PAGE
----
Among the most aggravating sources of integration problems in American companies are issues employees have with change in companies. Managing change is an important aspect of every manager’s job, and it is a necessary evil in all companies at one time or another. Making employees feel comfortable through a process of change should be of paramount concern to any manager worth her salt. Change in companies is where any material protocol or element of a job is different and makes the new procedure outside of the employees’ comfort zones. Effective handling can be difficult, especially in two extremely sensitive areas: downsizing and outsourcing. Downsizing occurs when a company realizes that, for one reason or another, they must cut their workforce in order to protect the finances of the company, or for other legitimate reasons. Outsourcing occurs when a company must take an aspect of their operation and give it to another independent outside company. This is also done for legitimate financial purposes.
Though these two operations are done for legitimate financial reasons and for the survival of the company, they are often times the most difficult element of change to deal with as a manager because of how much they affect the employees. If a manager considers the effect of downsizing and outsourcing from the perspective of the employee, it is easy to see how perception of such change can affect the employee much more than other types of change. For example, if a company begins integrating new software for employee use, the change that occurs will be dealt with by teaching the employees how the new software will actually help them. The employees do not see a threat to their jobs in this scenario; they simply may be angry or upset because they want to do things the old way or are intolerant to change. However, the type of change that a manager must face in downsizing and outsourcing are those that deeply affect employee psyche because en employee will feel as if their job is at risk and their entire work performance may suffer because of this ongoing fear.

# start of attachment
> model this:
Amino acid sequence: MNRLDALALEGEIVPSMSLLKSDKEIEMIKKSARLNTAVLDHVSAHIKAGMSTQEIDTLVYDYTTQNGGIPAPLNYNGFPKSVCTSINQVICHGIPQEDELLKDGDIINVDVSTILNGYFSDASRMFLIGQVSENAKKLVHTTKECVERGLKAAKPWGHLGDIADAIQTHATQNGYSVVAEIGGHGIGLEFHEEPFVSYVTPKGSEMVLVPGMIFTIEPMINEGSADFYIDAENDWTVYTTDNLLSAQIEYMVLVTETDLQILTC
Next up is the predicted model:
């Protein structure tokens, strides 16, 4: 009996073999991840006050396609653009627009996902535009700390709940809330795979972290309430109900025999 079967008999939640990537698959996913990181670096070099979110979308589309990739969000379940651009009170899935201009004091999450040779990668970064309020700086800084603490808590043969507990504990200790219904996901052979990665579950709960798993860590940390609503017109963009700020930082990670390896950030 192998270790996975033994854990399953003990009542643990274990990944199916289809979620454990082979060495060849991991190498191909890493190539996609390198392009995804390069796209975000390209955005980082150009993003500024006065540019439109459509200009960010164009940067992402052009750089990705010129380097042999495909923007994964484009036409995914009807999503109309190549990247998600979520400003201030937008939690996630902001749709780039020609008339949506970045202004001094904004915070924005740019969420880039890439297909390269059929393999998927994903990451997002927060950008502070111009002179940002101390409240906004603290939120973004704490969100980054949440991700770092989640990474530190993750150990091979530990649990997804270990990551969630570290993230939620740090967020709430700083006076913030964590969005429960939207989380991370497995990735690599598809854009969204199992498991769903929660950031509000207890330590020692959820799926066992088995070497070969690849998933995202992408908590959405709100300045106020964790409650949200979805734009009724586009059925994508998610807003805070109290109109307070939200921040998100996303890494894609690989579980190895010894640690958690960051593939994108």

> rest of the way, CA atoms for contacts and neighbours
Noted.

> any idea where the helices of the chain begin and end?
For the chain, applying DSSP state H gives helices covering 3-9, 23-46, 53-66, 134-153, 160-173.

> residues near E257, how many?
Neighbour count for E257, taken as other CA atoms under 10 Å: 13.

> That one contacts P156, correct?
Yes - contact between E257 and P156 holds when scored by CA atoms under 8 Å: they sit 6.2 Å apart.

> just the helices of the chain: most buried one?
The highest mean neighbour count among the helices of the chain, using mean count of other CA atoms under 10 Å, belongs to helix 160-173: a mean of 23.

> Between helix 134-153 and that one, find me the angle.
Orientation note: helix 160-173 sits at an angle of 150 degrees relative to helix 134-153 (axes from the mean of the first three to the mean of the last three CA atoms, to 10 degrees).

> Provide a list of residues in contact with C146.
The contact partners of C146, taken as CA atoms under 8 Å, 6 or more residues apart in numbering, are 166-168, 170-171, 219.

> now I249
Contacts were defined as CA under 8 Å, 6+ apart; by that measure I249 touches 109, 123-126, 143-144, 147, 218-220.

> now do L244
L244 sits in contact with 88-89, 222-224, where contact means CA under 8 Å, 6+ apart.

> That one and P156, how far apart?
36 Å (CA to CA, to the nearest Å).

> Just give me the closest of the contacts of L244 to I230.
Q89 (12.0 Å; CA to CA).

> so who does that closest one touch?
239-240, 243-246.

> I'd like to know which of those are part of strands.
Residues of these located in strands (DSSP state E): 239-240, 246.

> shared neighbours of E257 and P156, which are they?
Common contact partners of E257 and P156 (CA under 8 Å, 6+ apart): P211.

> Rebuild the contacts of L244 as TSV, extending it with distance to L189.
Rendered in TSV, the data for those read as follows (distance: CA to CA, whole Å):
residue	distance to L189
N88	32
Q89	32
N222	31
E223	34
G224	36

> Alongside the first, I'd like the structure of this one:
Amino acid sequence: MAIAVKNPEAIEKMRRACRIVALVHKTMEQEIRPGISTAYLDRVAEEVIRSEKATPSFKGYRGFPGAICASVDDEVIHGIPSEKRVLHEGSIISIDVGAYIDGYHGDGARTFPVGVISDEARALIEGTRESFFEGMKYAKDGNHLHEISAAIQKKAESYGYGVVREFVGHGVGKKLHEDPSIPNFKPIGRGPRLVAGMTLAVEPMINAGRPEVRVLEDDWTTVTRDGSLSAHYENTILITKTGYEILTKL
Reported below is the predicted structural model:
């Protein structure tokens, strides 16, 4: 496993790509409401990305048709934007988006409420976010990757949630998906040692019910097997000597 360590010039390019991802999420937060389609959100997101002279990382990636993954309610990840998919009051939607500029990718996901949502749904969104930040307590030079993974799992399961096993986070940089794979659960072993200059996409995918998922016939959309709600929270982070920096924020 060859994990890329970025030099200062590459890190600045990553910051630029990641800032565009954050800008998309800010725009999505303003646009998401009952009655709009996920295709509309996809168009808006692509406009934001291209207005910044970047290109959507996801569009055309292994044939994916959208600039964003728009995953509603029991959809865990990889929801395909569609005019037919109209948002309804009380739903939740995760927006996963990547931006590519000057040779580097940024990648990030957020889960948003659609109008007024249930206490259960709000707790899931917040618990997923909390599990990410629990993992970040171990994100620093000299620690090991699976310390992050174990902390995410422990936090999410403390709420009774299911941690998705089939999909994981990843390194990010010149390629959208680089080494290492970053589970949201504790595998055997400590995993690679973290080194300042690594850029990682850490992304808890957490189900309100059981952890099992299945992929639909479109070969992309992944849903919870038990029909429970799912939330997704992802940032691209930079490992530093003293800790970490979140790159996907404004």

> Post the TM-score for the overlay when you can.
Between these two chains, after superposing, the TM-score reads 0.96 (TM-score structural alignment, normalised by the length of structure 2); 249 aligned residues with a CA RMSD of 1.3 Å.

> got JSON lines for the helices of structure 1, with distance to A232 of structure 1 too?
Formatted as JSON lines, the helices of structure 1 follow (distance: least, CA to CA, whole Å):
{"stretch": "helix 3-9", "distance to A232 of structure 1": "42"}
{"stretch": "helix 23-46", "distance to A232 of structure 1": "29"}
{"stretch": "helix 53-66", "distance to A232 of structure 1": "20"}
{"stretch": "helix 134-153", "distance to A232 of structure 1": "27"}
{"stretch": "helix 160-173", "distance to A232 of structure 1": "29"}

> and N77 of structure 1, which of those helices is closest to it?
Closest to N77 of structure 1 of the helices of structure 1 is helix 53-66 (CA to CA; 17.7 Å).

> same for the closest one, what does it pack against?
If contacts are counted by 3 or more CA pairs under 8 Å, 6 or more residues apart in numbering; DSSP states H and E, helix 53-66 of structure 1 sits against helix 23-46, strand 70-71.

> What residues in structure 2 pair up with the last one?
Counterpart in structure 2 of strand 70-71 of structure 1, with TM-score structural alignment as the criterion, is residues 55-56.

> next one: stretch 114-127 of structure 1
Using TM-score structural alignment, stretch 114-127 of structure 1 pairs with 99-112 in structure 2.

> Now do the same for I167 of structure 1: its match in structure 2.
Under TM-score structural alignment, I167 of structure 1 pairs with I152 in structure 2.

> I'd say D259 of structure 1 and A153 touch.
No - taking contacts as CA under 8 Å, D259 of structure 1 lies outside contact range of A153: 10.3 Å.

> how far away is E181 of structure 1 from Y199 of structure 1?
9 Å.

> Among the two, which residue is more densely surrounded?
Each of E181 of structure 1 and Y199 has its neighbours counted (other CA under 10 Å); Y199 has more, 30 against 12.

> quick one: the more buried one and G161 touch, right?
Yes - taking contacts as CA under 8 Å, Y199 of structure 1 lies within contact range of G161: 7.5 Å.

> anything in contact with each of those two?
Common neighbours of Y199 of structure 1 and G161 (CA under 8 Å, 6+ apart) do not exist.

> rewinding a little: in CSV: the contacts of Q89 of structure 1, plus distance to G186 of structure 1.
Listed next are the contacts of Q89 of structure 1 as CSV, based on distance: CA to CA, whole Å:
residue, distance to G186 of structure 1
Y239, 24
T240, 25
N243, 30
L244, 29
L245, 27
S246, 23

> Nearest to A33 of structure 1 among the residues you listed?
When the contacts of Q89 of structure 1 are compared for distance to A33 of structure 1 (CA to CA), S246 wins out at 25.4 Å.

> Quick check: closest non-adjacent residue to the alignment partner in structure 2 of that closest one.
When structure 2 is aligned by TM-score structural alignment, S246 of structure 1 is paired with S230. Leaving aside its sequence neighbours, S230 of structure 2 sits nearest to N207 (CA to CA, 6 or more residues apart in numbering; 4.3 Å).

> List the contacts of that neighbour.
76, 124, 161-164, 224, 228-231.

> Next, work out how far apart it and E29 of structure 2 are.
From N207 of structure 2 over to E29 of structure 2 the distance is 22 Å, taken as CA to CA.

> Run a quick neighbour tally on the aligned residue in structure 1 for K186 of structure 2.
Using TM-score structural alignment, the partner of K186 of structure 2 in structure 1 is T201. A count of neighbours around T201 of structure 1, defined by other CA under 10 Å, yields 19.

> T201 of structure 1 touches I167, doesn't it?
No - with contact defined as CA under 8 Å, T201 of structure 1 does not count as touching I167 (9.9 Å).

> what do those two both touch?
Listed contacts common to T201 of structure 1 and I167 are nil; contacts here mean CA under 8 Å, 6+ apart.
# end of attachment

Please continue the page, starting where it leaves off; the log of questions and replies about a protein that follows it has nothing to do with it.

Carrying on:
Employees know that if downsizing happens or outsourcing is implemented that they may be the next ones to lose their job to someone at a different company or due to financial resources. This fear could cause a normally great employee to lose focus on their tasks at hand and worry more about what is happening in management meetings, what other employees are talking about, and concern themselves with whether they should be looking for another job. An employee may turn against their own company and begin to see them as more of an adversary, rather than doing their best to work in the company’s service. An employee could lose motivation and begin to wonder why they are working so hard. This constant fear takes a largely unnecessary financial toll on a company that is losing productivity for no reason. This is especially unnecessary for an employee that has nothing to worry about because their job isn’t at risk at all. An effective manager, using their personal resources, may do a great job at quelling the fears of the employee so that way they can get back to their tasks at hand. Potential ways to approach changes and begin to manage them should take place at the beginning, before the changes even take place. If the manager approaches breaking the news to their staff in a considerate way, then the transition should not be difficult.
A manager should consider the reasons that the company is making its changes and to understand the practical reasons for the changes that occur before going to their employees with the information. If a manager knows exactly why the changes are taking place and is well education on the fundamental reasons why the changes are occurring, the manager will be better equipped to approach the employee with the requisite information to set the employee’s mind at ease. What managers must realize is that employees are very perceptive. They can also see when managers are uncomfortable, evasive, or unsure of what they are saying. Nothing will make an employee fear for their jobs or the future of the company more than an evasive manager in a time of such need. Without holding the hands of their employees, a manager can quell great amounts of trepidation and apprehension about the proposed changes by simply confronting the issue with their employees, looking them in the eyes and being honest in their approach and explanation of what is happening.